We use Norwegian tax data and a life-cycle model with housing to study how wealth transmits across generations through the housing market. After controlling for a rich set of attributes, households with richer parents are nearly 15% more likely to be homeowners at age 30. Moreover, when entering, they have higher leverage and buy homes worth 15% more. Estimates using international stock market returns as a shift- share instrument support a causal interpretation. We further document that housing outcomes when young are important determinants of midlife wealth. This holds also when using plausibly exogenous variation in homeownership caused by the timing of intra-family deaths. As a result, housing gaps caused purely by parental wealth explain 12% of intergenerational wealth persistence, making housing equally important as the combined impact of a wide range of household characteristics including income and education. We explore new mechanisms for parental support, such as intra-family housing transactions below market value. Through the lens of our model, house price expectations stand out as a key driver of the magnitude of the housing channel of intergenerational wealth persistence.
Partial Homeownership: A Quantitative Analysis (w. Jens Kvaerner) [PDF]
Partial ownership (PO) is a contract allowing households to choose how much to rent or to own. We document rapid growth of PO contracts in multiple countries, such as China, Australia, and Norway. In this paper, we analyze PO in a life-cycle model of homeownership with PO. The average welfare gain for households under 55 is $3,500 or 10% of annual income. Demand for PO is largest among poor renters and increases with housing unaffordability. PO improves welfare by allowing gradual adjustments in the housing market. Households who can’t afford a whole house due to regulatory mortgage constraints can now buy a share of one while households who are stretching to buy a whole house can now take less risk and buy a large share of the same house.
Abstract: How much of the homeownership rate among young households is accounted for by parental transfers? I build and estimate a life-cycle overlapping generations model with illiquid housing, in which the child and parent interact without commitment. I find that parental transfers account for 15 p.p. (31%) of the homeownership rate of young adults. Parental transfers increase homeownership for households with wealthier parents by relaxing borrowing constraints and reducing housing risk. Moreover, illiquid housing entails expenditure commitments, changing the strategic behaviour of households. Children with wealthy parents increase their consumption of illiquid housing to extract larger transfers, leading to a preference for illiquidity: 17% of 25-year old households prefer their own housing to be illiquid. Finally, I find that policies that decrease the sales cost of housing would be effective at increasing homeownership and decreasing the role of parent wealth in determining children's housing outcomes.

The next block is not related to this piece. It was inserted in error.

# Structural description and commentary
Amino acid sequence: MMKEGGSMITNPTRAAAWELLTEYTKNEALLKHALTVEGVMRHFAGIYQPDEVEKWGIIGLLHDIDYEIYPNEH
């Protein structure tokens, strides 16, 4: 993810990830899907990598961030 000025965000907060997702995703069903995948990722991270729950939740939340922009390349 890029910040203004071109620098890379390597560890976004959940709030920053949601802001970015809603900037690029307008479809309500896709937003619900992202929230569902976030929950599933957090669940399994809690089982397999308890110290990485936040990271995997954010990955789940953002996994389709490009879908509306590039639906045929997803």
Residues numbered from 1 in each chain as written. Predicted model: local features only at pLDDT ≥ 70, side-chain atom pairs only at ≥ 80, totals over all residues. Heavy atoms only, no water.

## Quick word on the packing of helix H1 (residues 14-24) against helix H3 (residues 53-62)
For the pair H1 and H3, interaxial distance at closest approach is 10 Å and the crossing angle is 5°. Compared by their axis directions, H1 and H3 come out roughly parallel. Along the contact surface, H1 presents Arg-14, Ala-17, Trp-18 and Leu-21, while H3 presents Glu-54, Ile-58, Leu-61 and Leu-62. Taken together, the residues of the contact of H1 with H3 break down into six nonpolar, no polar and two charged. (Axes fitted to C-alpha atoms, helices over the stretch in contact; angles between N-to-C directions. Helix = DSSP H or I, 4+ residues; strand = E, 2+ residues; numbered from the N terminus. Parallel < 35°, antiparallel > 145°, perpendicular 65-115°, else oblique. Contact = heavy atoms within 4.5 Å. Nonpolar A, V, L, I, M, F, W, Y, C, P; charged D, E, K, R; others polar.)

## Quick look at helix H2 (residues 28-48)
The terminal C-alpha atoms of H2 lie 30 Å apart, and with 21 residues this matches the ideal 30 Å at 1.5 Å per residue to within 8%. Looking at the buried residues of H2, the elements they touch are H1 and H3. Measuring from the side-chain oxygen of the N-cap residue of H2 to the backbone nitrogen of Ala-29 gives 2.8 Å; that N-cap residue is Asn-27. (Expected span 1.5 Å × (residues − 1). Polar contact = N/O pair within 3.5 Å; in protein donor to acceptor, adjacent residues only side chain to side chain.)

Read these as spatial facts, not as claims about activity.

Abstract: This paper argues that a large part of the stock market participation puzzle is driven by high stock market exit rates among participants: In the US, 20% of households who have stock hold no stocks two years later. Using survey data I show that stock market exit frequently coincides with renting households becoming first-time owners. After estimating a life-cycle model of portfolio choice with housing and per-period participation costs, I show that it quantitatively matches the US participation rate, homeownership rate, and entry/exit in stock markets over the entire life-cycle. The introduction of housing increases the exit rate among young new homeowners and reduces the participation rate among middle-aged and retired households by decreasing liquid wealth. Housing reduces the unexplained participation gap between the model and the data by 71%, compared to a model without housing
Parental Insurance and Financial Risk-Taking (w. Annika Bacher and Joel McMurry)
Abstract: We empirically document the association between parental wealth and the risk-taking behavior of their adult children in the United States. We hypothesize that parental wealth increases risk tolerance of the child household, as wealthy, altruistic parents may provide partial insurance against losses, decreasing the downside to risk in asset, housing, and labor markets. Survey data on US households confirm this hypothesis. We first show that household risk-taking in individual assets is increasing in parental wealth. However, risk in one choice may be hedged against with other assets or expectations about future labor income. Therefore, we use the volatility of next-period wealth normalized by current wealth as our preferred measure of risk-taking, since this measure jointly accounts for multiple sources of risk. We derive the measure from a standard budget equation in a model of labor and portfolio choices with incomplete markets, with a clear mapping from theory to data. Overall risk-taking is increasing in parental wealth.
Publications in Norwegian
Fattig i fjor - fattig i år? Tilstandsavhengighet i innvandrerfattigdom, joint with Manudeep Bhuller, Søkelys på arbeidslivet, vol. 3 (2014)
Fattigdomsdynamikk blant innvandrere, joint with Manudeep Bhuller, Statistics Norway Reports, vol. 40 (2013)